How do we know when to use which option?

For that, we use the <command> --help command to get a list of all the options.

Let's take an example. We want to know about all the options available in the 'uname' command.

So for that, we do uname --help and the output is as follows.

Usage: uname [OPTION]...
Print certain system information.  With no OPTION, same as -s.

  -a, --all                print all information, in the following order,
                             except omit -p and -i if unknown:
  -s, --kernel-name        print the kernel name
  -n, --nodename           print the network node hostname
  -r, --kernel-release     print the kernel release
  -v, --kernel-version     print the kernel version
  -m, --machine            print the machine hardware name
  -p, --processor          print the processor type (non-portable)
  -i, --hardware-platform  print the hardware platform (non-portable)
  -o, --operating-system   print the operating system
      --help     display this help and exit
      --version  output version information and exit

GNU coreutils online help: <>
Full documentation at: <>
or available locally via: info '(coreutils) uname invocation'
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To get more detailed explanation we can use man command follow by the command whose description
is needed. For example: man ls

LS(1)                                                                         User Commands                                                                        LS(1)

       ls - list directory contents

       ls [OPTION]... [FILE]...

       List information about the FILEs (the current directory by default).  Sort entries alphabetically if none of -cftuvSUX nor --sort is specified.

       Mandatory arguments to long options are mandatory for short options too.

       -a, --all
              do not ignore entries starting with .

       -A, --almost-all
              do not list implied . and ..

              with -l, print the author of each file

....... to be continued
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Man page is a topic itself and we will talk about it later in this blog.

The third command component i.e. arguments is the input for the command.
They enable us to additionally define the output of the command. For example, the ls command will show the list of files and directories in a directory, but ls <sub_directory> will show the files and directories inside the sub_directory.

[root@server ~]# ls
Desktop  Documents  Downloads  file1.txt  Music  Pictures  Public  Templates  Videos
[root@server ~]# ls Documents
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We can also give multiple commands in a single line by using ; as delimiter between two commands.
For example, uname;ls

[root@server ~]# uname;ls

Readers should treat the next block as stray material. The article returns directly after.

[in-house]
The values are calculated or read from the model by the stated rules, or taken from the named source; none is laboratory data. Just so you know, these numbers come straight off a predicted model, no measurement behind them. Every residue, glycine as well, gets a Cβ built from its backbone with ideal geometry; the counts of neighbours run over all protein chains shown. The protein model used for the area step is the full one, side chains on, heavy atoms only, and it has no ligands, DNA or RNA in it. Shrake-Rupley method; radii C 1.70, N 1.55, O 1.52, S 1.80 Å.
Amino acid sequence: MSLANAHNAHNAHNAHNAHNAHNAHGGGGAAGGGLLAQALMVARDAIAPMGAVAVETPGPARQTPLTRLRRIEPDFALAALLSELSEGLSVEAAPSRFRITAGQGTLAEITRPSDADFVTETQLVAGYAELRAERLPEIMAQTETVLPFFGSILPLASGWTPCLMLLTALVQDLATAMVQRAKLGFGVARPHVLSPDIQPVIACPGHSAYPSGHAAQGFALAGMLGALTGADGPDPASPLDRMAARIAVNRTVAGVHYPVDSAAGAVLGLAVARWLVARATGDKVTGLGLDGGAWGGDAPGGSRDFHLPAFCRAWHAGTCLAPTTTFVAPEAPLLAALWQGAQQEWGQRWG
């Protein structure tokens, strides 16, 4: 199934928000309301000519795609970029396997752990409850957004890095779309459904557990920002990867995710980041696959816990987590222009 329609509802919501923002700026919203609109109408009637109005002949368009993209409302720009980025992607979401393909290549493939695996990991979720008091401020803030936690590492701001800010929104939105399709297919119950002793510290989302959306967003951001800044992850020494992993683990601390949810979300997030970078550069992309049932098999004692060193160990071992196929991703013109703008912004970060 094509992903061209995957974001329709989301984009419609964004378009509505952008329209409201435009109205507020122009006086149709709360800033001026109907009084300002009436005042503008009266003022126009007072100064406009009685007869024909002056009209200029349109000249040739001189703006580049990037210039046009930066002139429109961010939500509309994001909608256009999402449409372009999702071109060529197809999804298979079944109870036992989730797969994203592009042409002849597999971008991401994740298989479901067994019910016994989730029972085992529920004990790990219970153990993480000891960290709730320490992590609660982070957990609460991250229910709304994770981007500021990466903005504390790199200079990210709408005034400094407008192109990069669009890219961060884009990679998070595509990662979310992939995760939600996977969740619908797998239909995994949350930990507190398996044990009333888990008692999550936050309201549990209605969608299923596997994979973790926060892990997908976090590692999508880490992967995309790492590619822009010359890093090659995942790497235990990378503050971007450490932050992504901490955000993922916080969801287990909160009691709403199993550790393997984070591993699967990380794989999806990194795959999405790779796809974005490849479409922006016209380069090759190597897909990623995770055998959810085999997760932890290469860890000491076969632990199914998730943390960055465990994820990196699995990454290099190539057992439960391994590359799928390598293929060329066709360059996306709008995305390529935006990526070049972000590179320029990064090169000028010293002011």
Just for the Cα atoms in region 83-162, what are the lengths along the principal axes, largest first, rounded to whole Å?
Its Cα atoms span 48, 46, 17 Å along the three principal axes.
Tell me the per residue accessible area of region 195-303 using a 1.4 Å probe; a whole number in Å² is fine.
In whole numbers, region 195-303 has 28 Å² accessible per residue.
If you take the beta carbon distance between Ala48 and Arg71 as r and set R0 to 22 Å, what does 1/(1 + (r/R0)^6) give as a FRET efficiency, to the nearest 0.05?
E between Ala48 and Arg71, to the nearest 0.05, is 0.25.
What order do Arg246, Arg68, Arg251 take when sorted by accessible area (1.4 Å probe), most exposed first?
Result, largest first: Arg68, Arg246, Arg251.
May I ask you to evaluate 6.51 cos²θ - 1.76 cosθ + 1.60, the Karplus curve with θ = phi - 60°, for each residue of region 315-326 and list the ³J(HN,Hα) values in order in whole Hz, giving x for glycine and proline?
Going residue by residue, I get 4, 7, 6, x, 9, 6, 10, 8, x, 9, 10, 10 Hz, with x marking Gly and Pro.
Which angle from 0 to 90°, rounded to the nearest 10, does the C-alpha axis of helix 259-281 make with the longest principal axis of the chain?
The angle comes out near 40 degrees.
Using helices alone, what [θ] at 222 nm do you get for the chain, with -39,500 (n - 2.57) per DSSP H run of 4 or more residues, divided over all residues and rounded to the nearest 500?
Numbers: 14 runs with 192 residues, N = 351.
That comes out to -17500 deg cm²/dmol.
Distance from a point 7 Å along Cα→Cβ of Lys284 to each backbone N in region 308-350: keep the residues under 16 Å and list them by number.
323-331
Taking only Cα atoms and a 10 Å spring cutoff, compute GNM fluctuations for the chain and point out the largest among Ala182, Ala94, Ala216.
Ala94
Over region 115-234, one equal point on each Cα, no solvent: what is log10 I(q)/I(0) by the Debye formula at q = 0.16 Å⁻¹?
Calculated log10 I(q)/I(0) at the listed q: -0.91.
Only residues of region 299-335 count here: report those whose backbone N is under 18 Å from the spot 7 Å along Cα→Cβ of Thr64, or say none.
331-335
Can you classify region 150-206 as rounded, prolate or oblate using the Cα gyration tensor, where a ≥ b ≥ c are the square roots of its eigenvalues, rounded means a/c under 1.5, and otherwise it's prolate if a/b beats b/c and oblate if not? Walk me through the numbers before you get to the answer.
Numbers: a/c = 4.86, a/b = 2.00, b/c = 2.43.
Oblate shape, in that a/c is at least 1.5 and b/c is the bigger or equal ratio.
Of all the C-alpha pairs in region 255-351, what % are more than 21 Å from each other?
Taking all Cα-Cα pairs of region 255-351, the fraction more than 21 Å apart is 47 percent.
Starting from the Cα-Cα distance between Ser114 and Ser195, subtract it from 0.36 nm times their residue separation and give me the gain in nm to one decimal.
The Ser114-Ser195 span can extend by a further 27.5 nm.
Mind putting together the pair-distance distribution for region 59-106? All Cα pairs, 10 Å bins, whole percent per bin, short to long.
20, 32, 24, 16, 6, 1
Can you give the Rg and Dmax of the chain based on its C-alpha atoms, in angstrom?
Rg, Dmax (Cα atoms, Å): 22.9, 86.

Desktop  Documents  Downloads  file1.txt  Music  Pictures  Public  Templates  Videos
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How to know about a command?

You can find the answer to this question by looking at the man page of that command.
Simply type man <command_name> and get all the details for the command.
The man page includes a command description, all applicable options and flags, examples, and other information about the command.
Man pages can be big and to navigate inside them we need to know certain commands to navigate and search with the man page.

Searching with-in the man page

There are two ways to search in man page:

  • Search by section number
  • Search by keyword

To search by section number we use the command man section_number <command>.
Eg: man 2 uname.

Section Description
1 User Command
2 System Calls
3 Library Function
4 Special files and Devices
5 File Format
6 Games
7 Miscellaneous
8 System Admistration
9 Kernel Routine

To search by keyword we use the command man -k <keyword>.
For example, man -k uname.

User accounts

A user account in UNIX is a login account through which a user can log in to the system.
Based upon role there are two types of users, one of which is a normal user and another is an admin, the super user or the root user.
A group is a collection of multiple users who can share files and resources.
Each group has a group identification number (GID), group name, and a list of users associated with it.

A user account has the following componentst associated with it:

  • Username: The unique name for a particular user within the system.

  • Password: The password is used in conjunction with the username to log in.

  • UID (user identification number): An identification number assigned to a user for the purpose of identifying them within the system.

  • GID (group identification number): This helps users identify groups.

  • Home directory: The direct where the user will be taken after successful login.

In a traditional UNIX, the system pass is stored in the /etc/passwd file, but in newer Linux distributions the hash of the password is stored in the /etc/shadow file.
This was done to eliminate the vulnerability.

To change the password for the current user we use the passwd command.
For example, if a user with username user1 wants to change his/her password.

[user1@server ~]$ passwd
Changing password for user user1.
Current password: 
New password: 
Retype new password: 
passwd: all authentication tokens updated successfully.
[user1@server ~]$ 
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But the root user does not need to provide the current password of any user while changing their password. To change the password for any user other than the logged-in user, the command would be passwd <user_name>.

So, thank you for this blog. Hope this helps you get a better understanding of the UNIX environment. I would appreciate any suggestions or queries you may have in the comment section below. Till then stay tuned. Bye!